We wish planning for college was all about fun trips to IKEA and college campus visits. Applying to college can be a stressful process for a family, especially as those dollar signs start to accumulate. While trying to manage the financial aspects of college planning, keep the following in mind:
Online Education Opportunities
As online accredited colleges and universities become more prevalent, an online education becomes more credible and respected by employers. Students thrive and excel in diverse learning environments, whether it’s in classrooms on a university campus or through the Web and software Blackboard. President of Ivy Tech Community College Tom Snyder believes “that the future of higher education lies with online learning.” And by enrolling in online college courses, students can spend more time committing to working and family obligations. Students can learn at their own pace, and online institutions are also often less expensive. The most noted online colleges for their financial accessibility include Western Governors, Thomas Edison State College and Walden University.
College doesn’t come cheap—among more than 4,400 U.S. colleges, tuition reaches upwards of $60,000 per year. CNN Money reports that during the 2011-2012 academic year, a full-time student will pay on average $15,000 (including tuition, fees, room and board, books and additional expenses) to attend an in-state public university.
Lessen the monetary stress of college by learning about various forms of student aid and completing the FAFSA (Free Application for Federal Student Aid) form and/or CSS Profile for eligibility. A CSS Profile is for a “college’s own institutional aid dollars,” explains Forbes.com.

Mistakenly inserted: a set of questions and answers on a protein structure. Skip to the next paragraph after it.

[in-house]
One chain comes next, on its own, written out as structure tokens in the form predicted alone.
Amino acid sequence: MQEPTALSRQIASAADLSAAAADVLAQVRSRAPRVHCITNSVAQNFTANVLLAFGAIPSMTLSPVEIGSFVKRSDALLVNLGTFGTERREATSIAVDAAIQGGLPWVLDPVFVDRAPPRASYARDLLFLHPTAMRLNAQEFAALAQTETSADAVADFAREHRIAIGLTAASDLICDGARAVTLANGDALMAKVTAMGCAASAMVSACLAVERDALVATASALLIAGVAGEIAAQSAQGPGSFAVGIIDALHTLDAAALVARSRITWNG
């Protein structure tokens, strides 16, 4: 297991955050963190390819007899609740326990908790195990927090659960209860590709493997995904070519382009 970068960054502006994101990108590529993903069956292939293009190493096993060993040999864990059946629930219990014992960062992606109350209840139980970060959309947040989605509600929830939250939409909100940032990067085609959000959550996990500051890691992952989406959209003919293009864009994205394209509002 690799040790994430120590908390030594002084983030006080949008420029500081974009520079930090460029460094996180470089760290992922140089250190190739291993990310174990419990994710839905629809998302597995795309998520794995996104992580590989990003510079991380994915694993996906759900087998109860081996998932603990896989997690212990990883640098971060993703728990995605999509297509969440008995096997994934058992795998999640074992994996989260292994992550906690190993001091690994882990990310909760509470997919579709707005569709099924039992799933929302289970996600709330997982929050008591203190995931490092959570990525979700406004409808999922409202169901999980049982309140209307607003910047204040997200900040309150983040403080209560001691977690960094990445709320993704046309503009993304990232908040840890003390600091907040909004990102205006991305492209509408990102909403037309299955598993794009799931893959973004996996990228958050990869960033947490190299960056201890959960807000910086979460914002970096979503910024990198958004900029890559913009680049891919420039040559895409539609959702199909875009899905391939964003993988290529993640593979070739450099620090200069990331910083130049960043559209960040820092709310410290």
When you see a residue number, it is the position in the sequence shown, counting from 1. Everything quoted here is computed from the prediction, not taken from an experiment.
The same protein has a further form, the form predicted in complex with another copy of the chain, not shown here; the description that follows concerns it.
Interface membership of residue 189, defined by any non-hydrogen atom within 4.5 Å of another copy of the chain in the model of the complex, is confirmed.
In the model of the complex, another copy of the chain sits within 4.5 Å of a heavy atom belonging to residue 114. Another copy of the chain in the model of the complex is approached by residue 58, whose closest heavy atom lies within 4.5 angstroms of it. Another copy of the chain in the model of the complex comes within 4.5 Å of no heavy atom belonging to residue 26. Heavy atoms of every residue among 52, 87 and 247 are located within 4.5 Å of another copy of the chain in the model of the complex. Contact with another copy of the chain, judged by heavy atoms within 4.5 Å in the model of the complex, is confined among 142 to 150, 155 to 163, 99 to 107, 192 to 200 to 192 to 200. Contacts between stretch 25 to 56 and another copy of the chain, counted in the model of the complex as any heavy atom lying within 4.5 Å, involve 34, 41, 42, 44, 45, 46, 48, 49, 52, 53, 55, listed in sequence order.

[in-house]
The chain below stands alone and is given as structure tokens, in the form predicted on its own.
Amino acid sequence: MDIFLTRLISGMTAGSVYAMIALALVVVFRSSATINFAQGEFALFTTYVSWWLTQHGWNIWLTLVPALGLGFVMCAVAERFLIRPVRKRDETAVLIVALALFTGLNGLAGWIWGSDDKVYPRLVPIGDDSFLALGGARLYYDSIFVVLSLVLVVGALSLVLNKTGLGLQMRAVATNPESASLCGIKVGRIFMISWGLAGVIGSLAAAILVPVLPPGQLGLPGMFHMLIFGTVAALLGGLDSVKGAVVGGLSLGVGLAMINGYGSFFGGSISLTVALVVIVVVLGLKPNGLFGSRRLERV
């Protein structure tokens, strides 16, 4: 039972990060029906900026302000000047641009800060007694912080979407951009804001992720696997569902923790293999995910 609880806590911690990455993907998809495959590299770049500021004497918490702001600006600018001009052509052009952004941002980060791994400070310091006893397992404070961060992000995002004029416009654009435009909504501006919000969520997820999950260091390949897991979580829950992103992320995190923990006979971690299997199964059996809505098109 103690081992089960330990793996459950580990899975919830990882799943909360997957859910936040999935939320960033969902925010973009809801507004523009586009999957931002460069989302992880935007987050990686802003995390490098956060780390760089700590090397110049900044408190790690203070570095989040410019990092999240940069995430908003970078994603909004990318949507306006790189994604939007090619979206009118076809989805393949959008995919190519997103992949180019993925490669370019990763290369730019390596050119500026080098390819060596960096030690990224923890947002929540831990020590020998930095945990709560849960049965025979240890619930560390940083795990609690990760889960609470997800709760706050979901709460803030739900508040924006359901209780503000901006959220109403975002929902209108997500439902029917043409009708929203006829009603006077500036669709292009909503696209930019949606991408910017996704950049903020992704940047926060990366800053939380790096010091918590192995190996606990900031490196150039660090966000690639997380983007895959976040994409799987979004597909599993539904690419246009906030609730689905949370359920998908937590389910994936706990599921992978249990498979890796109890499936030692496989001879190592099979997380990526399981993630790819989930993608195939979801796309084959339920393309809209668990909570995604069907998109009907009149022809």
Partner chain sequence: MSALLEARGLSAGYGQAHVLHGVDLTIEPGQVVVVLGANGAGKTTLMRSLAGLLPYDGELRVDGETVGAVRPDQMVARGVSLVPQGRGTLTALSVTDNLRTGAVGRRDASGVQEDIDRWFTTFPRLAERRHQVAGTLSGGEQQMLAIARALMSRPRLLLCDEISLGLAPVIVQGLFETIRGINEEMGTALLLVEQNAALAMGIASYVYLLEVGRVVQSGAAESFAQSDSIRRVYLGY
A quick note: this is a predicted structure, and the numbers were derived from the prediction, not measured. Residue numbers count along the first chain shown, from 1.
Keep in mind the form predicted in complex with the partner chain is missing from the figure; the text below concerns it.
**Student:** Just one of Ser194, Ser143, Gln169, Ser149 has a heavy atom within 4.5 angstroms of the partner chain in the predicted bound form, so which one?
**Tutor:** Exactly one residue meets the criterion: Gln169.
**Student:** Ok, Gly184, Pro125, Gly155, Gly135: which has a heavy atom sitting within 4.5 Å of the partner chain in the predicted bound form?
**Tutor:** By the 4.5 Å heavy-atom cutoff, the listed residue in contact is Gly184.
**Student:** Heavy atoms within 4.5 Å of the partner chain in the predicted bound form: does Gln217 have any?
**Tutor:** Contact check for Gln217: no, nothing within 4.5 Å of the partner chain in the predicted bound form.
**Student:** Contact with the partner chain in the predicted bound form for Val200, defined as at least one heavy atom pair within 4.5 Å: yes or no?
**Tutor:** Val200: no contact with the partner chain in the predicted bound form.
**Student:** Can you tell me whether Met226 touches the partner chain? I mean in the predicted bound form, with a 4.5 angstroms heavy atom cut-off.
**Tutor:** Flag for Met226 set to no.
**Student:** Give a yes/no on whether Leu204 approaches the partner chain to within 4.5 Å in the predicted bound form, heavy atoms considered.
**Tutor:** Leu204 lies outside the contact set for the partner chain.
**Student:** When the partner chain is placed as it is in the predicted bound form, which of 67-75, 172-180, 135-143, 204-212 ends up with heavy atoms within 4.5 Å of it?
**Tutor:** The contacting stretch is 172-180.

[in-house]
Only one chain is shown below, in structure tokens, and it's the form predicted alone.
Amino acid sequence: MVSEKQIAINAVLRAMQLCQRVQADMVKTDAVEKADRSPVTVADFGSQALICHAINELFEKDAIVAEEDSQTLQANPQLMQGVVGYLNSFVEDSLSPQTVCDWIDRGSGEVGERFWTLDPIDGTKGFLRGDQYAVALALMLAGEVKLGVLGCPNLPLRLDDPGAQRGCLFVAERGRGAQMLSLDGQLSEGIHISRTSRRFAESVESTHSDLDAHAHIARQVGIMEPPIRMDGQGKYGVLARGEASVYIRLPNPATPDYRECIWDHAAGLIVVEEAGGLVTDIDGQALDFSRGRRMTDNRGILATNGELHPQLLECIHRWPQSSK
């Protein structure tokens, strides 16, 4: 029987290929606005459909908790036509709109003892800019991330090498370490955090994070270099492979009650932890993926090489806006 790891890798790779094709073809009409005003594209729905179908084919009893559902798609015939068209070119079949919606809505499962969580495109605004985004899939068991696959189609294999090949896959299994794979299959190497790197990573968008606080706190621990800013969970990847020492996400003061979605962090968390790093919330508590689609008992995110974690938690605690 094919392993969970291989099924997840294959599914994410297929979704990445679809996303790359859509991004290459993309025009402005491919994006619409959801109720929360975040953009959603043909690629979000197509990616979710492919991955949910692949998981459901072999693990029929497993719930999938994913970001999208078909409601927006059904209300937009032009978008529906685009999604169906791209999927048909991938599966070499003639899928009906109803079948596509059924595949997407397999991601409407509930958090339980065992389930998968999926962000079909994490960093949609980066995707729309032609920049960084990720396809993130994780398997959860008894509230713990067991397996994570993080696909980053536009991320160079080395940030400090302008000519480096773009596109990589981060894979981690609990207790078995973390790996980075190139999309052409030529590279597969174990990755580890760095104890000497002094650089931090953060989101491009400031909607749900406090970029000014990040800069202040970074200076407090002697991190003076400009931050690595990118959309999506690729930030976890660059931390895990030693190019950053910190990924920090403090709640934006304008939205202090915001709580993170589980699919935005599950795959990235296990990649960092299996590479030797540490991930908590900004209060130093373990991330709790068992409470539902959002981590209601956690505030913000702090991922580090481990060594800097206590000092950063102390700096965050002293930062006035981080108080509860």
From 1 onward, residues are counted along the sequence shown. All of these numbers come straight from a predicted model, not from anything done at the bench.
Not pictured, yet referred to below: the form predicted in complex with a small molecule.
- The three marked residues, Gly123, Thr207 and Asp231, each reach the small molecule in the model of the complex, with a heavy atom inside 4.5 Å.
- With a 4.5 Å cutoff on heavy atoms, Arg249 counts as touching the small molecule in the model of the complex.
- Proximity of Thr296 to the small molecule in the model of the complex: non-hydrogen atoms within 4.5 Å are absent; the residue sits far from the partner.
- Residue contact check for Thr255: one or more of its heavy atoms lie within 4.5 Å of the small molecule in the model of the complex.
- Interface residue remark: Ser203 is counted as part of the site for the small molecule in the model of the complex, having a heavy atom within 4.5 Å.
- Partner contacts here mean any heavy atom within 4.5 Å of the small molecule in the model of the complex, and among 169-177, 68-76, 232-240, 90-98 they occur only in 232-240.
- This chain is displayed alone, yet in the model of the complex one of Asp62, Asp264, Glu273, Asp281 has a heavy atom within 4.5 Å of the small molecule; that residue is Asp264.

Financial information from aid forms FAFSA and the CSS Profile are calculated. And the output is the expected family contribution (EFC) toward college and the minimum dollar amount that the student’s expected to pay. In other words, EFC is used to determine a student’s qualification for financial aid. The assessment includes family assets, income, size and number of college-enrolled dependent children.
While researching student loans and college grants, you’ll probably want to learn about all the available types of loans. Forbes spotlights education-funding loans that families can borrow from to pay for college. Subsidized Stafford and Perkins loans are the best. The Unsubsidized Stafford loan follows and then private student loans. Federal Stafford loans are most commonly used to pay for college, and the federal government pays the interest. An Unsubsidized Stafford loan requires that the student pay the loan interest during college. Interest payments can be postponed until after leaving college or graduation. The Perkins loan is designated for students with significant financial need. Lastly, a student can receive a private student loan through a bank or private lender. These loans typically require a cosigner and interest rates vary between three and 12 percent.
Scholarships can also help mitigate the sobering costs of college. The high school counselor, local alumni associations and community organizations are top resources for scholarship opportunities and applications. Also, ask your employer if they offer college scholarships. USA Today recommends the following 2013 scholarships that have late summer deadlines, including Make Me Laugh Scholarship, Vista Health Solutions, Flavor of the Month Scholarship, and “No Essay” Scholarship.
With thorough research and time, you can help your student acquire monetary assistance for college. Every little bit helps.